ACM Transactions on

Architecture and Code Optimization (TACO)

Latest Articles

Polyhedral Search Space Exploration in the ExaStencils Code Generator

Performance optimization of stencil codes requires data locality improvements. The polyhedron model for loop transformation is well suited for such... (more)

Performance Tuning and Analysis for Stencil-Based Applications on POWER8 Processor

This article demonstrates an approach for combining general tuning techniques with the POWER8 hardware architecture through optimizing three... (more)

SelSMaP: A Selective Stride Masking Prefetching Scheme

Data prefetching, which intelligently loads data closer to the processor before demands, is a popular cache performance optimization technique to address the increasing processor-memory performance gap. Although prefetching concepts have been proposed for decades, sophisticated system architecture and emerging applications introduce new challenges.... (more)

SCP: Shared Cache Partitioning for High-Performance GEMM

GEneral Matrix Multiply (GEMM) is the most fundamental computational kernel routine in the BLAS library. To achieve high performance, in-memory data must be prefetched into fast on-chip caches before they are used. Two techniques, software prefetching and data packing, have been used to effectively exploit the capability of on-chip least recent... (more)

Static Prediction of Silent Stores

A store operation is called “silent” if it writes in memory a value that is already there. The ability to detect silent stores is important, because they might indicate performance bugs, might enable code optimizations, and might reveal opportunities of automatic parallelization, for instance. Silent stores are traditionally... (more)

Exposing Memory Access Patterns to Improve Instruction and Memory Efficiency in GPUs

Modern computing workloads often have high memory intensity, requiring high bandwidth access to memory. The memory request patterns of these workloads... (more)

Poker: Permutation-Based SIMD Execution of Intensive Tree Search by Path Encoding

We introduce Poker, a permutation-based approach for vectorizing multiple queries over B+-trees. Our key insight is to combine vector loads and path-encoding-based permutations to alleviate memory latency while keeping the number of key comparisons needed for a query to a minimum. Implemented as a C++ template library, Poker represents a... (more)

Automated Software Protection for the Masses Against Side-Channel Attacks

We present an approach and a tool to answer the need for effective, generic, and easily applicable protections against side-channel attacks. The... (more)

Improving Thread-level Parallelism in GPUs Through Expanding Register File to Scratchpad Memory

Modern Graphic Processing Units (GPUs) have become pervasive computing devices in datacenters due to... (more)

AVPP: Address-first Value-next Predictor with Value Prefetching for Improving the Efficiency of Load Value Prediction

Value prediction improves instruction level parallelism in superscalar processors by breaking true data dependencies. Although this technique can significantly improve overall performance, most of the state-of-the-art value prediction approaches require high hardware cost, which is the main obstacle for its wide adoption in current processors. To... (more)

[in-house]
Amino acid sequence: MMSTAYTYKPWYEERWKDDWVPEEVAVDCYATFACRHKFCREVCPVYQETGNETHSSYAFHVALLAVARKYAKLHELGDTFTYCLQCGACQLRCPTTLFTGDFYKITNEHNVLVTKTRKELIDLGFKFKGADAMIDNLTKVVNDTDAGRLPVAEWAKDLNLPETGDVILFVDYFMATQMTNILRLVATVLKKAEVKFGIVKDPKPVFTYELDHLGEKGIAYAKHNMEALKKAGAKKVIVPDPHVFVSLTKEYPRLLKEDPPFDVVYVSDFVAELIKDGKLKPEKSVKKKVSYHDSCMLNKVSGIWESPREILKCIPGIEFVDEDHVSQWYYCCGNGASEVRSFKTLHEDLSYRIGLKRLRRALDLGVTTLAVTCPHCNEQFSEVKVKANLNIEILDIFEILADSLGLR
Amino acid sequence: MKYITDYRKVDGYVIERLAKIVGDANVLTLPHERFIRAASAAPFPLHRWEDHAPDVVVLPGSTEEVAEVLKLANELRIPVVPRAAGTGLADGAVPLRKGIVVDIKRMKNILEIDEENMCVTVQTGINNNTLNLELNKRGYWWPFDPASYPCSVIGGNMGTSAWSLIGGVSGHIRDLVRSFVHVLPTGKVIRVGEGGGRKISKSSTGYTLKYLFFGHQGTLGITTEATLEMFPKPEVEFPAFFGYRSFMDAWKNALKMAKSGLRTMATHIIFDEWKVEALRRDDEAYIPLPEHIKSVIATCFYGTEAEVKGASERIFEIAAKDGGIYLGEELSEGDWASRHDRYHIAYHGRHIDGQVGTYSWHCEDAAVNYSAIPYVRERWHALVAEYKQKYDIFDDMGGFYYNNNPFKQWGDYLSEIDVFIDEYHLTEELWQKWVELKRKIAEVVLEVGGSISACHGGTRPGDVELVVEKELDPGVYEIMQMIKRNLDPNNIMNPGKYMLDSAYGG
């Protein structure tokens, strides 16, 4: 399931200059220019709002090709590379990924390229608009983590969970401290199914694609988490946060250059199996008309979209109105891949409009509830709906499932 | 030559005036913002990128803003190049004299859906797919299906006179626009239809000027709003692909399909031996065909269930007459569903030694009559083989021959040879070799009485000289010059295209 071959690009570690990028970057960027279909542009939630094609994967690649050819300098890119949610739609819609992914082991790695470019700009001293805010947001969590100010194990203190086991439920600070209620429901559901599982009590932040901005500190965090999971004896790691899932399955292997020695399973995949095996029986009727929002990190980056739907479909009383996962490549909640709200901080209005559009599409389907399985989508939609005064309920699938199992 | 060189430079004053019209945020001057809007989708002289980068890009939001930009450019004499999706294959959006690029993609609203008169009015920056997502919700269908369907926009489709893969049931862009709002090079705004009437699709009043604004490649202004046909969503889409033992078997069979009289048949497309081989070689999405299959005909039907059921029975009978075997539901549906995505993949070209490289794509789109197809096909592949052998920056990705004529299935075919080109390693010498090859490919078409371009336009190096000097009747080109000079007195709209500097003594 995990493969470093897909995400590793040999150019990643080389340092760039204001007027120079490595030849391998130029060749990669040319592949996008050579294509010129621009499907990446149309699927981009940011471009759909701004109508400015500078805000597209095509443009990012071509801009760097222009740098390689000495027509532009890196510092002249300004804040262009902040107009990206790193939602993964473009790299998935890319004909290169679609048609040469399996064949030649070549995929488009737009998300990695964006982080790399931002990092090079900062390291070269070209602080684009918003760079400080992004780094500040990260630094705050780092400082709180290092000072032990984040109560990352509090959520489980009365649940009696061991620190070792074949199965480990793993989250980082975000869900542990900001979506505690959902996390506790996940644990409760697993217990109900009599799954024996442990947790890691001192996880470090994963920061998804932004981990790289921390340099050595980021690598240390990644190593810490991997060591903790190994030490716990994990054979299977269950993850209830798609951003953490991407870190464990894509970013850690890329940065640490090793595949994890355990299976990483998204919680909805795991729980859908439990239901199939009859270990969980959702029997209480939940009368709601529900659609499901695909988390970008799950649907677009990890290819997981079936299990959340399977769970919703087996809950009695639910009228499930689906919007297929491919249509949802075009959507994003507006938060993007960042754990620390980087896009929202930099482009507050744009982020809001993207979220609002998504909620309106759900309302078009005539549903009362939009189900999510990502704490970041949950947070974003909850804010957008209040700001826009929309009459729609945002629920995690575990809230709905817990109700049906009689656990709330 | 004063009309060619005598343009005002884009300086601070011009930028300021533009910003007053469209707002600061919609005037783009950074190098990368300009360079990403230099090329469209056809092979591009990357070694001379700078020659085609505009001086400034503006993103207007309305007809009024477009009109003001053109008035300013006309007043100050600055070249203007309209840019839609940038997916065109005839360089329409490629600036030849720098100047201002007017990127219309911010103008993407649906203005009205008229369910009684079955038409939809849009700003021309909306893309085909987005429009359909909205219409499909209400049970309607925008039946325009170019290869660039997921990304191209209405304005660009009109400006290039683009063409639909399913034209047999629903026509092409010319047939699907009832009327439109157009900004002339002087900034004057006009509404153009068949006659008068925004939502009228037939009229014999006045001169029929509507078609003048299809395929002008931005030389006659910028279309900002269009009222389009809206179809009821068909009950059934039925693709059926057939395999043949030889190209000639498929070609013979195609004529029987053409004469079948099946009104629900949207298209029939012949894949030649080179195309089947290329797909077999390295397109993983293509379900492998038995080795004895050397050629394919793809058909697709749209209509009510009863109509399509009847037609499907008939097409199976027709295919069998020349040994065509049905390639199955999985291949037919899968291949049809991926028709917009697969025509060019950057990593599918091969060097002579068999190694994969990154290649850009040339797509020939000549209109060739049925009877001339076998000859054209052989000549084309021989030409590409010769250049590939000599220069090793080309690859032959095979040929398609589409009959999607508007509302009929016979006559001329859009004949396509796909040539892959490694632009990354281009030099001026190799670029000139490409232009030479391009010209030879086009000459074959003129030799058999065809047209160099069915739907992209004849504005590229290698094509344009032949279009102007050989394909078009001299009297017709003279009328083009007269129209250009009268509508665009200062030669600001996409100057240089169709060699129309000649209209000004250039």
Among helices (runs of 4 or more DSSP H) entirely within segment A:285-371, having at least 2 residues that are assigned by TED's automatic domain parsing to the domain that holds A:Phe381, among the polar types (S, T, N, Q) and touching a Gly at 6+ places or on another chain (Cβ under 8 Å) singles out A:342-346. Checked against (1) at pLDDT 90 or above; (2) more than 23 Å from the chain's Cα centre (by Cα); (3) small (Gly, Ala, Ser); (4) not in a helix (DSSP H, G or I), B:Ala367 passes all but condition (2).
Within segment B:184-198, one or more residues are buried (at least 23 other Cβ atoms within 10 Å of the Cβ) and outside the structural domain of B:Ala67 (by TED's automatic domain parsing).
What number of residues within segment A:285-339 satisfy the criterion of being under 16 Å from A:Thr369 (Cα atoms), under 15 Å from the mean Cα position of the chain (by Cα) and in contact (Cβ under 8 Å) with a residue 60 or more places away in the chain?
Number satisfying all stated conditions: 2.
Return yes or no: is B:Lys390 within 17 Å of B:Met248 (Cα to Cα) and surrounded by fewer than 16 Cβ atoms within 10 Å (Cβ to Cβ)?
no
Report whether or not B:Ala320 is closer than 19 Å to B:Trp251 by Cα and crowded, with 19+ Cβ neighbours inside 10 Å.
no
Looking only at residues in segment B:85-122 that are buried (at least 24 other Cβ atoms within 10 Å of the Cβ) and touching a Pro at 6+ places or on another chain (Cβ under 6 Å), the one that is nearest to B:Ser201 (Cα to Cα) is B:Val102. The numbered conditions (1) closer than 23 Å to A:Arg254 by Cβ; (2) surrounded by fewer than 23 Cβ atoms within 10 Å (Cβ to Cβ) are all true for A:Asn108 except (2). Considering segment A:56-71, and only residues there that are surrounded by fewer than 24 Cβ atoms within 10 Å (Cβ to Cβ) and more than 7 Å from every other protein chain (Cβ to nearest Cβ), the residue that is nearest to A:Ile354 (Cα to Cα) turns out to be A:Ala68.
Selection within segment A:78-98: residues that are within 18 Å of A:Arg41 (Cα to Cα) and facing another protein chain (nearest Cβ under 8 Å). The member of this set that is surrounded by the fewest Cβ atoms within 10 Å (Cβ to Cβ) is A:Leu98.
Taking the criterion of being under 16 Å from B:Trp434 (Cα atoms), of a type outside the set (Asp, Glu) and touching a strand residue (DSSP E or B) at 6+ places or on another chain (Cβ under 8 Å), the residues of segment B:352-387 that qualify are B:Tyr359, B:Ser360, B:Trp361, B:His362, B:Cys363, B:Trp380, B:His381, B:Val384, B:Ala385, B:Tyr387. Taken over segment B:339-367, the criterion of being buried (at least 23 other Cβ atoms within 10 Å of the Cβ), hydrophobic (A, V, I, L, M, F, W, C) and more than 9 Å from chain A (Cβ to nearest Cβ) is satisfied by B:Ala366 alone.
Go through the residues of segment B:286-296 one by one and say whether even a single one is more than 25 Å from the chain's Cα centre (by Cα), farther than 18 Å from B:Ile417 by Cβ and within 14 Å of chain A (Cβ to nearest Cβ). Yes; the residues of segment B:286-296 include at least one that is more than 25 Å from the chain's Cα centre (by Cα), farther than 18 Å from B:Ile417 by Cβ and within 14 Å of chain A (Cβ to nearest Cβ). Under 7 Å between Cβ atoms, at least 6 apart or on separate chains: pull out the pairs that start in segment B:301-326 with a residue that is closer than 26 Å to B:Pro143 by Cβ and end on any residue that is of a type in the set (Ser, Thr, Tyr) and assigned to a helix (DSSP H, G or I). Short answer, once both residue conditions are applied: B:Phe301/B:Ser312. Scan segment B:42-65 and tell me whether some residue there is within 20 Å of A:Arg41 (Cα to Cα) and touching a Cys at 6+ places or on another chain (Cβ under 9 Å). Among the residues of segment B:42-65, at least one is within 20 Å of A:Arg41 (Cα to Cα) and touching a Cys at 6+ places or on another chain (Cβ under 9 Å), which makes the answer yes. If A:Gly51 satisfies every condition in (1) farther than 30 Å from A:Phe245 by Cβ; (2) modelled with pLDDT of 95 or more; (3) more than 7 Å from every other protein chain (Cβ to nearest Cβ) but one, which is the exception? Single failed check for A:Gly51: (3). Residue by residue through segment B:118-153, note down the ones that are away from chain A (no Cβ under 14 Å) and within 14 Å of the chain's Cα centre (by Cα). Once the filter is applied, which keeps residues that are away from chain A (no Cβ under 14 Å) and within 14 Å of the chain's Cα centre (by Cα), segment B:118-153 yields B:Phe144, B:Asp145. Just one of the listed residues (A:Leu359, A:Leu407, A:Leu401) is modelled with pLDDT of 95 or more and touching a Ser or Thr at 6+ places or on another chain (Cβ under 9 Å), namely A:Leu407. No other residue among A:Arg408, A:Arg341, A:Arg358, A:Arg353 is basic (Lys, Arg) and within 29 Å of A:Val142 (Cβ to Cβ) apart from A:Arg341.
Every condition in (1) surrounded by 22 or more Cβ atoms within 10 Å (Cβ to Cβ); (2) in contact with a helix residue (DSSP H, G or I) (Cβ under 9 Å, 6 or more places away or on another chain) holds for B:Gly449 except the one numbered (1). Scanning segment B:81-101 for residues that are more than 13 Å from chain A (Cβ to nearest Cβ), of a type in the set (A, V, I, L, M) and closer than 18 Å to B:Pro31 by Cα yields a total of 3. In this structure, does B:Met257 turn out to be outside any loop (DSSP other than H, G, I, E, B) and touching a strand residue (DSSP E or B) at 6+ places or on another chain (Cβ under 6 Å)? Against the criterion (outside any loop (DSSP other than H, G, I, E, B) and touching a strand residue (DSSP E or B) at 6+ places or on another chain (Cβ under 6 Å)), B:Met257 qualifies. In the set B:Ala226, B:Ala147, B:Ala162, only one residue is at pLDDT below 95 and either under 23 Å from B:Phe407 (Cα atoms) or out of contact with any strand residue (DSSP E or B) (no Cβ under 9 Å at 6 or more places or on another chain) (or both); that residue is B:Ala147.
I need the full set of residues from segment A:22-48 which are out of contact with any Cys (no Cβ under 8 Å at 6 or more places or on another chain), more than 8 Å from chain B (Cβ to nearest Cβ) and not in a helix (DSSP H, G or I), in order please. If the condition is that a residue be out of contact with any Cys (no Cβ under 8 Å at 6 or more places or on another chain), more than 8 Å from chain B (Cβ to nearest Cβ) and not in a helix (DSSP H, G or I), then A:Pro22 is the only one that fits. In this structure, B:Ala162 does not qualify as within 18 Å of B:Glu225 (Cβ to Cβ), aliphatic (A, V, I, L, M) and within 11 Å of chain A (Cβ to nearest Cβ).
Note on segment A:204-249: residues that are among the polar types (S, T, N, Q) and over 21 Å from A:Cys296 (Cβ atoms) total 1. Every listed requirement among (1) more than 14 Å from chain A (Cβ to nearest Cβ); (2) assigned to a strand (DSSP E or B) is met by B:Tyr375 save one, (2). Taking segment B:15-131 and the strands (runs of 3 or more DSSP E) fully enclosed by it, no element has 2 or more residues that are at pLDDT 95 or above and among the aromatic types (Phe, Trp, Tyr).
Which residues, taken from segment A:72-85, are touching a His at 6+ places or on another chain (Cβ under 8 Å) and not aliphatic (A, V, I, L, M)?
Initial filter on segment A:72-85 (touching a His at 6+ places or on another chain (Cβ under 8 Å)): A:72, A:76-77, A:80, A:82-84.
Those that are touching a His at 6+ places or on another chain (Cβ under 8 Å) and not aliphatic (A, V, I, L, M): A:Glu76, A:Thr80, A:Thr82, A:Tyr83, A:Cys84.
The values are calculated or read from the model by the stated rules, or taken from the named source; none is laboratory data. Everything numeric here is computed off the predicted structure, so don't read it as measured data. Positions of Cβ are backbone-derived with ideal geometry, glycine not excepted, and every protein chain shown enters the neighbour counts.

RAGuard: An Efficient and User-Transparent Hardware Mechanism against ROP Attacks

Control-flow integrity (CFI) is a general method for preventing code-reuse attacks, which utilize benign code sequences to achieve arbitrary code execution. CFI ensures that the execution of a program follows the edges of its predefined static Control-Flow Graph: any deviation that constitutes a CFI violation terminates the application. Despite... (more)

GenMatcher: A Generic Clustering-Based Arbitrary Matching Framework

Packet classification methods rely upon packet content/header matching against rules. Thus, throughput of matching operations is critical in many networking applications. Further, with the advent of Software Defined Networking (SDN), efficient implementation of software approaches to matching are critical for the overall system performance. This... (more)


TACO Goes Gold Open Access

As of July 2018, and for a four-year period, all papers published in ACM Transactions on Architecture and Code Optimization (TACO) will be published as Gold Open Access (OA) and will be free to read and share via the ACM Digital Library. READ MORE

About TACO

The ACM Transactions on Architecture and Code Optimization focuses on hardware, software, and systems research spanning the fields of computer architecture and code optimization. Articles that appear in TACO present new techniques and concepts or report on experiences and experiments with actual systems. Insights useful to computer architects, hardware or software developers, system designers and tool builders are emphasized. READ MORE

HAWS: Accelerating GPU Wavefront Execution through Selective Out-of-Order Execution

In this paper we present a novel Hint-Assisted Wavefront Scheduler (HAWS) to bypass long-latency stalls on GPUs. HAWS leverages our compiler infrastructure to identify potential opportunities to bypass memory stalls. HAWS includes a wavefront scheduler that can continue to execute instructions in the shadow of a memory stall, executing instructions speculatively, guided by compiler-generated hints. HAWS increases utilization of GPU resources by aggressively fetching/executing speculatively. Based on our simulation results on the AMD Southern Islands GPU architecture, at an estimated cost of 0.4% total chip area, HAWS can improve application performance by 15.3% on average for memory intensive applications.